The world after the coronavirus

I don’t know about you, but I can’t wait until such a gate appears and we have

Company in Southwest China City Chongqingthe first to build a special disinfecting tunnel to spray industrial employees with a disinfectant. The tunnel is equipped with infrared detectors that allow the tunnel to determine when a person enters. Agree, it looks cool the only question is security.

Office after the pandemic

Office work is now always at a distance

In fact, in almost all countries of the worldoffices are currently being re-equipped - at least in those areas that work during emergencies. Many offices in Russia have already switched to a new mode of operation - those employees who cannot work from home work from separate rooms or maintain a distance of 1.5 meters. In general, TV shows about office life now definitely need to be filmed differently - in masks and without a common dining room.

Schools after the pandemic

Students in South Korea take exams at a football stadium to avoid the spread of coronavirus

It turned out the approach that South Korea tookreally works. And even though the new measures are increasingly making schools look like a prison, in the current circumstances they are justified. At least schools in South Korea and China are working today, and students are taking exams in the new environment - at a distance. Well, at least cheating will not be so simple.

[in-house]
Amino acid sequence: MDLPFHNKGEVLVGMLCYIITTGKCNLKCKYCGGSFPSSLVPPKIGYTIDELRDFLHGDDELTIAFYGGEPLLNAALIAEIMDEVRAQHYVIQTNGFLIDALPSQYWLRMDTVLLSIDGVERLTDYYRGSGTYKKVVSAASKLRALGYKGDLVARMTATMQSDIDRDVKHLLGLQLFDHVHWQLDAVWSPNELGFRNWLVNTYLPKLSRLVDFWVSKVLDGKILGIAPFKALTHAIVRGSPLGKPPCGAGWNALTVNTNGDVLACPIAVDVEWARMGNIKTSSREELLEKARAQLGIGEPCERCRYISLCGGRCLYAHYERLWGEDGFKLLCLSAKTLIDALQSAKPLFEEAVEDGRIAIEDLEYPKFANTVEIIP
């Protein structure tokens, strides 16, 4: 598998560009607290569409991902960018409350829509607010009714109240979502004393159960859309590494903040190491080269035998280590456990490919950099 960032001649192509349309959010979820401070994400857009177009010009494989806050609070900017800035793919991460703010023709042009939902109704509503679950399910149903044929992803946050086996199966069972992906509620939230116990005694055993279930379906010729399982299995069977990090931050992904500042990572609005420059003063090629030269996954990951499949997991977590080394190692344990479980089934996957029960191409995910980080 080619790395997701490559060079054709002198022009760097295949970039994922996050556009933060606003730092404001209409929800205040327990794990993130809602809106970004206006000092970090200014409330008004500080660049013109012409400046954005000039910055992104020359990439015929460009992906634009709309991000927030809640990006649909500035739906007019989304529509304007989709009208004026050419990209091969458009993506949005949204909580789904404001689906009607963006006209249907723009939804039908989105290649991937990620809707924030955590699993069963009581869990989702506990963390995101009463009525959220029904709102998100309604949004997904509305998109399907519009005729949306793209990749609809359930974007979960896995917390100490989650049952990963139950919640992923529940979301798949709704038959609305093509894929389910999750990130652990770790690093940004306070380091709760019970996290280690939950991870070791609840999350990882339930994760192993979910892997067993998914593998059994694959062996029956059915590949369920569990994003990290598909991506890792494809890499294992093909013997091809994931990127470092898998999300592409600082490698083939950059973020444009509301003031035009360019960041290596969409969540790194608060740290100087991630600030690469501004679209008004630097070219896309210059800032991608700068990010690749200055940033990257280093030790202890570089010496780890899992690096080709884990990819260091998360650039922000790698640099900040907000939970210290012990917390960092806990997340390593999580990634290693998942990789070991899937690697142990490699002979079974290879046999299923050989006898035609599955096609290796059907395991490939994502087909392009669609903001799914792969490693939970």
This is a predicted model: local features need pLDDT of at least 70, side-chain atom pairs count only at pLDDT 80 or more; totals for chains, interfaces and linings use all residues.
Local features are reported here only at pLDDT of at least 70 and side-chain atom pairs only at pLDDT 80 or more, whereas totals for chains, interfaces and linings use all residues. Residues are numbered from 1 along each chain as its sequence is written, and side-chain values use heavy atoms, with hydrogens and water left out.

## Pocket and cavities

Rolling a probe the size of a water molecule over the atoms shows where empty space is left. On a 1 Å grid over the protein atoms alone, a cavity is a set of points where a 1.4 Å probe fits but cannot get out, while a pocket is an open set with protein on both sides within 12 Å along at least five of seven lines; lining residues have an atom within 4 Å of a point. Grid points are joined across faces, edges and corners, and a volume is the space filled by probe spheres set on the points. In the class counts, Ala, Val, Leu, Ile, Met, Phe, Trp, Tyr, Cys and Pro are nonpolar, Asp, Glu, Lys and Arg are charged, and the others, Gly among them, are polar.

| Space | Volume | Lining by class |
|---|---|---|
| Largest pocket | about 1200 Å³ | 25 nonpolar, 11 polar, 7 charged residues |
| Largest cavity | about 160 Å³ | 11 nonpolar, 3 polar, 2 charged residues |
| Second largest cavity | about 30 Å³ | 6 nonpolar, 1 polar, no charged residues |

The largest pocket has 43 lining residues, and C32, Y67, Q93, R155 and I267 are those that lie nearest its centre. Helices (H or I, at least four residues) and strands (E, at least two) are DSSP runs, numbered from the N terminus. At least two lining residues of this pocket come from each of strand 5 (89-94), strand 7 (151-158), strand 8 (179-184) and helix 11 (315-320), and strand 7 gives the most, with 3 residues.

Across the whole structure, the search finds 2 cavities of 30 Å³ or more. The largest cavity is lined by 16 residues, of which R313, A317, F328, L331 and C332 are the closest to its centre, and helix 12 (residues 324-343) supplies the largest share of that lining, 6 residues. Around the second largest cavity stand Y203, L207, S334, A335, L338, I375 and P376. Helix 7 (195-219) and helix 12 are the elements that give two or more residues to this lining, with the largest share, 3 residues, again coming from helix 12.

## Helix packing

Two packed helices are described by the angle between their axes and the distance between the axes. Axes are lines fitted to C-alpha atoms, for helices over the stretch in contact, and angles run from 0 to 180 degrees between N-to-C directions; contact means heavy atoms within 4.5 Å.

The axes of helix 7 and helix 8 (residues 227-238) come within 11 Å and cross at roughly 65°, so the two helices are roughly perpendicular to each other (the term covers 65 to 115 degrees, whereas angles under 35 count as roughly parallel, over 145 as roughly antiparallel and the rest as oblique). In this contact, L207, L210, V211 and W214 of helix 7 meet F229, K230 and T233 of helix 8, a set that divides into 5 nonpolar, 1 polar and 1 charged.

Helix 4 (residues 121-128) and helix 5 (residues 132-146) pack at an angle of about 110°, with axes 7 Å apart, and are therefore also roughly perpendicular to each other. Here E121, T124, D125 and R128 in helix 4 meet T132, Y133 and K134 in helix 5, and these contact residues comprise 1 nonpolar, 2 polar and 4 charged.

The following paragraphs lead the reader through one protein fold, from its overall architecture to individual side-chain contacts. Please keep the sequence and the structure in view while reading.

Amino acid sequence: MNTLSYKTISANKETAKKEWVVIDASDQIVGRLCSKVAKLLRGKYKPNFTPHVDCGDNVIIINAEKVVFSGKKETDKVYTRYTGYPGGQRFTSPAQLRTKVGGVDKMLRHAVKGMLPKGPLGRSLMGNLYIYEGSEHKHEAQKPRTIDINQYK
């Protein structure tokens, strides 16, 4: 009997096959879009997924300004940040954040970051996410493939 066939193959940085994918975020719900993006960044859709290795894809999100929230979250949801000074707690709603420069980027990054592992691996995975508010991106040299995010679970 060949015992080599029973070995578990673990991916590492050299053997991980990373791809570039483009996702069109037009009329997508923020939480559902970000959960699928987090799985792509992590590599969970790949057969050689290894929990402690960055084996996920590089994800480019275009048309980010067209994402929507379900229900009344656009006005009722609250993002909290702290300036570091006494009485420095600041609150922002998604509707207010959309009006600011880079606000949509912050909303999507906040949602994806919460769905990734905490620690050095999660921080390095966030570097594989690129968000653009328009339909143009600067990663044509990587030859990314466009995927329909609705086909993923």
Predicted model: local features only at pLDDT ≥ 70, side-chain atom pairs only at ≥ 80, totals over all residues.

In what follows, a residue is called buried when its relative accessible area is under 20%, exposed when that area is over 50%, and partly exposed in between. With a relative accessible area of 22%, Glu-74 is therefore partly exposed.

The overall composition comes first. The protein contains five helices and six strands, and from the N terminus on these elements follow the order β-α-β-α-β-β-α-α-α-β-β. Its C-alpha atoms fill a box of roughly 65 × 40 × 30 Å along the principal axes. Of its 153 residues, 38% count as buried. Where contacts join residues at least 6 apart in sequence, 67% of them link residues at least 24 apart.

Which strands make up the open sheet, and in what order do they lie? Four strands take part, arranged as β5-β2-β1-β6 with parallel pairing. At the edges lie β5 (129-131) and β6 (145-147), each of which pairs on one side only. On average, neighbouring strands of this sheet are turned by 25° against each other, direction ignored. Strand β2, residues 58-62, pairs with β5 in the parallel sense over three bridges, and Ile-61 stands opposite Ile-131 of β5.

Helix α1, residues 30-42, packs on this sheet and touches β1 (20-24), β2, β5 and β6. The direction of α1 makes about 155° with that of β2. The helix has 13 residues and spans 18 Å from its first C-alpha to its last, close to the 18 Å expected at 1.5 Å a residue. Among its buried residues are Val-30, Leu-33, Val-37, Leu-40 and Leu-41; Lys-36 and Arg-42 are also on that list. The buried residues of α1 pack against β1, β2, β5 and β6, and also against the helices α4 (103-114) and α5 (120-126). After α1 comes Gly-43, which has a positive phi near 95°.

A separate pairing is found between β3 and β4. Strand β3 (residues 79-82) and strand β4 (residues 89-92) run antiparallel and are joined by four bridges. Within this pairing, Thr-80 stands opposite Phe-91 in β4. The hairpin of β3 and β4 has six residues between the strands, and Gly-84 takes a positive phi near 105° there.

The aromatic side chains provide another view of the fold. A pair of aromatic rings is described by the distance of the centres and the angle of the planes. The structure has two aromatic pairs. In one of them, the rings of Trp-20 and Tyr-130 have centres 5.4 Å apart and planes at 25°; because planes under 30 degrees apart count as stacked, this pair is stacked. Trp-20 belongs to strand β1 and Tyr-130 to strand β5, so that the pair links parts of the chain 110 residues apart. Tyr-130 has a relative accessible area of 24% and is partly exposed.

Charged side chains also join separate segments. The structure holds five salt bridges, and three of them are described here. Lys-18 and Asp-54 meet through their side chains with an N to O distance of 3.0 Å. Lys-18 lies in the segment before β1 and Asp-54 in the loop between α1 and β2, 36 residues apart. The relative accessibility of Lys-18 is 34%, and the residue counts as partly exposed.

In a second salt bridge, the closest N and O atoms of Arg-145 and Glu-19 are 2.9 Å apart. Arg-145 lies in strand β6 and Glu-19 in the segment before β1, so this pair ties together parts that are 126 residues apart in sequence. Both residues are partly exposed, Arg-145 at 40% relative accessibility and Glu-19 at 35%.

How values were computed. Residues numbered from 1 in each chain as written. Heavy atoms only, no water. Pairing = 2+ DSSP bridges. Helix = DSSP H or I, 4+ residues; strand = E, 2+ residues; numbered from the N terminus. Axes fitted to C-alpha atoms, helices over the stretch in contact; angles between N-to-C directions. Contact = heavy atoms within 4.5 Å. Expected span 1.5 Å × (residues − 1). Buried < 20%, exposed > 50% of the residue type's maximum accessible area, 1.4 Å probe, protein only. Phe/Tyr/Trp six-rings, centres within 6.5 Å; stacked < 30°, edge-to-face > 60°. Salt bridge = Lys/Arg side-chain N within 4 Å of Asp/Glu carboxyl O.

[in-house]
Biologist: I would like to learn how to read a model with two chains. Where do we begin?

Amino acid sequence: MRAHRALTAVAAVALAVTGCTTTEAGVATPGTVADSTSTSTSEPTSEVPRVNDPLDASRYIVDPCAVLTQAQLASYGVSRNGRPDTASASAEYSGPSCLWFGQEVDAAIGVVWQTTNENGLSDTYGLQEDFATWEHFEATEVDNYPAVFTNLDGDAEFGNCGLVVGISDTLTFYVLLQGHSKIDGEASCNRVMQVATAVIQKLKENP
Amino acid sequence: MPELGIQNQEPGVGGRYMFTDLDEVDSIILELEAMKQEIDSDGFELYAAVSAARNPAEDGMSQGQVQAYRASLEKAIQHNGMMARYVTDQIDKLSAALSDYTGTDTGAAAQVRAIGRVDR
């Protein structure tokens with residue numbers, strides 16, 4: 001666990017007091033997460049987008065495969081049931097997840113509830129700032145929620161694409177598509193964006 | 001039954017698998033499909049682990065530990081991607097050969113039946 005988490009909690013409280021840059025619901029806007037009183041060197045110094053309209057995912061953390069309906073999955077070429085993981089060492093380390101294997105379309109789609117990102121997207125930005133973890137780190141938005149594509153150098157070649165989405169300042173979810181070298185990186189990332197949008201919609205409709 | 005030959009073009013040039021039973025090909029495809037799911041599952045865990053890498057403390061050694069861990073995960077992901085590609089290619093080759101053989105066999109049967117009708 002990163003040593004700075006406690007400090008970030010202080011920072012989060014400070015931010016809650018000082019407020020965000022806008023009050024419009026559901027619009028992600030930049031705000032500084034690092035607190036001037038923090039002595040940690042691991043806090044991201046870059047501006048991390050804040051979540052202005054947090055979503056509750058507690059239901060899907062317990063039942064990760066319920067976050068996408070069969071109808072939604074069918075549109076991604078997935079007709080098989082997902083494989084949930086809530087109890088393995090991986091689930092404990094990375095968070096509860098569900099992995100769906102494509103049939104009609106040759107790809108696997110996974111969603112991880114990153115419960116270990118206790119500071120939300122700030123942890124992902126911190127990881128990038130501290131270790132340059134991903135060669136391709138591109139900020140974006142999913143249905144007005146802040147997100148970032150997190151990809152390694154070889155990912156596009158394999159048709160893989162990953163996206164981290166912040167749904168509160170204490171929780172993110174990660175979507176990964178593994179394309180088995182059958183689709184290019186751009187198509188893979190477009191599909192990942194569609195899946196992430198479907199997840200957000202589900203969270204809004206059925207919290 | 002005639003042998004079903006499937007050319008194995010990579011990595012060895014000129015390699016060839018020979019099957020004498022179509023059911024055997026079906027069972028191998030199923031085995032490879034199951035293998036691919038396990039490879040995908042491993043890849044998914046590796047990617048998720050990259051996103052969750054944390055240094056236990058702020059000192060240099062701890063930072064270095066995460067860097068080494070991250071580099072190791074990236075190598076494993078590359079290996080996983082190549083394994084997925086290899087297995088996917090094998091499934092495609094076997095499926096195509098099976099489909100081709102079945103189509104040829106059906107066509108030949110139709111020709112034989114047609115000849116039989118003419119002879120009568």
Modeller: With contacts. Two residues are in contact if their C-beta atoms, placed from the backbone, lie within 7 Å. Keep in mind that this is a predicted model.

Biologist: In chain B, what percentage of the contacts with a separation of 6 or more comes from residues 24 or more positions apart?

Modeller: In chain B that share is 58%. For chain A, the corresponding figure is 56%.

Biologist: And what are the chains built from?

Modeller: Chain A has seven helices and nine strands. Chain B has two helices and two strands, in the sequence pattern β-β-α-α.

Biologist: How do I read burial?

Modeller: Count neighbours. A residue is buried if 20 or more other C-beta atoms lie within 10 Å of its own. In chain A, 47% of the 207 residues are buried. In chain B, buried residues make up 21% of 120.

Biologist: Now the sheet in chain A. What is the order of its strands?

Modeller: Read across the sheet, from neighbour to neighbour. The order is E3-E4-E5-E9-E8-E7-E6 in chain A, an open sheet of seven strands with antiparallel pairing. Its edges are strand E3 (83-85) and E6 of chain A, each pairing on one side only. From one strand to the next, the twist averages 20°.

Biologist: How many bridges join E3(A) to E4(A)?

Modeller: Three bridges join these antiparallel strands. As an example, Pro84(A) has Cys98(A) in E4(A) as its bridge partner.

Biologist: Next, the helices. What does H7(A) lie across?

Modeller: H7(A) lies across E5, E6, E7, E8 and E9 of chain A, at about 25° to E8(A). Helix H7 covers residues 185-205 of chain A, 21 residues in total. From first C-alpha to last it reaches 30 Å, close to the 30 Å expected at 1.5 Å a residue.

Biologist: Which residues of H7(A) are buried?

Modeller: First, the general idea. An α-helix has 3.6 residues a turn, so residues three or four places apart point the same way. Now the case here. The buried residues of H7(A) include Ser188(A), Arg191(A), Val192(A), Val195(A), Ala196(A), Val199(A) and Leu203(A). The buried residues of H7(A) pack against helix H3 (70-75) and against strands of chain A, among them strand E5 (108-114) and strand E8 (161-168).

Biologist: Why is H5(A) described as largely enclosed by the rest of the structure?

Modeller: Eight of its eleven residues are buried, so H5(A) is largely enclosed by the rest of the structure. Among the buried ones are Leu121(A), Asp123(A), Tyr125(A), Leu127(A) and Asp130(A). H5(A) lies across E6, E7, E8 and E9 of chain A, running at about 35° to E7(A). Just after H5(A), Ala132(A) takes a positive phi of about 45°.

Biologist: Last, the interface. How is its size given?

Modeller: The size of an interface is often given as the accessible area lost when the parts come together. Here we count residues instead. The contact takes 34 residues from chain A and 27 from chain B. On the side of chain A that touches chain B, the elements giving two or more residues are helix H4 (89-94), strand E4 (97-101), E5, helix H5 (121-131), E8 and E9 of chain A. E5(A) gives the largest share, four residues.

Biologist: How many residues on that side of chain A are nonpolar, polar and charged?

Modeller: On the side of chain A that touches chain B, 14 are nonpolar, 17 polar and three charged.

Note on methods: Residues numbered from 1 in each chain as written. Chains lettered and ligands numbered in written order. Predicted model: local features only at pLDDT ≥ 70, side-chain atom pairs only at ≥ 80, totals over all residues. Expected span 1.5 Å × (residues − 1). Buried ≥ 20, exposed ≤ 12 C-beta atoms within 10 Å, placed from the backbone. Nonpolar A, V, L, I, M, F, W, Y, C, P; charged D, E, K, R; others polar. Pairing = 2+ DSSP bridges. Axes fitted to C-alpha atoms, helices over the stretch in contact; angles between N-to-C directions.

For more articles on why people behave so strangely and believe in the supernatural, read on our channel in Yandex.Zen. There are articles that are not on the site.

How to ride in the elevator?

Social distances in the elevator on the way to work after the Sri Lankan government announced that private and public companies would reopen their offices after almost two months of quarantine.

Let me remind you that before you leave home, you shouldput on gloves - this way it will be easier to press the elevator button. Moreover, walking up the stairs can be much more beneficial in some cases. One way or another, the need to maintain social distance even in the elevator will take some time.

How to fly a plane?

More than anything else, the pandemic has affected air travel. Flying during a pandemic, as it turned out, is still a pleasure

Recently, CNN journalist Wil Ripley described in detailwhat international flights now look like. On the video and photo of the journalist you can see the half-empty airport in Japan, jars for analysis, people in protective masks. As Ripley noted, the plane took off with 109 passengers on board, which is about 1⁄4 load.

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How to ride the subway?

Subway rides in Italy today look like this

Metro - one of the most dangerous to healthplaces - during a pandemic, of course. To reduce the risk of spread of infection, subways in different countries of the world are introducing rules for using this mode of transport. The main one is the need to maintain social distance. In fact, all this looks quite good, at least the trains do not go “crowded."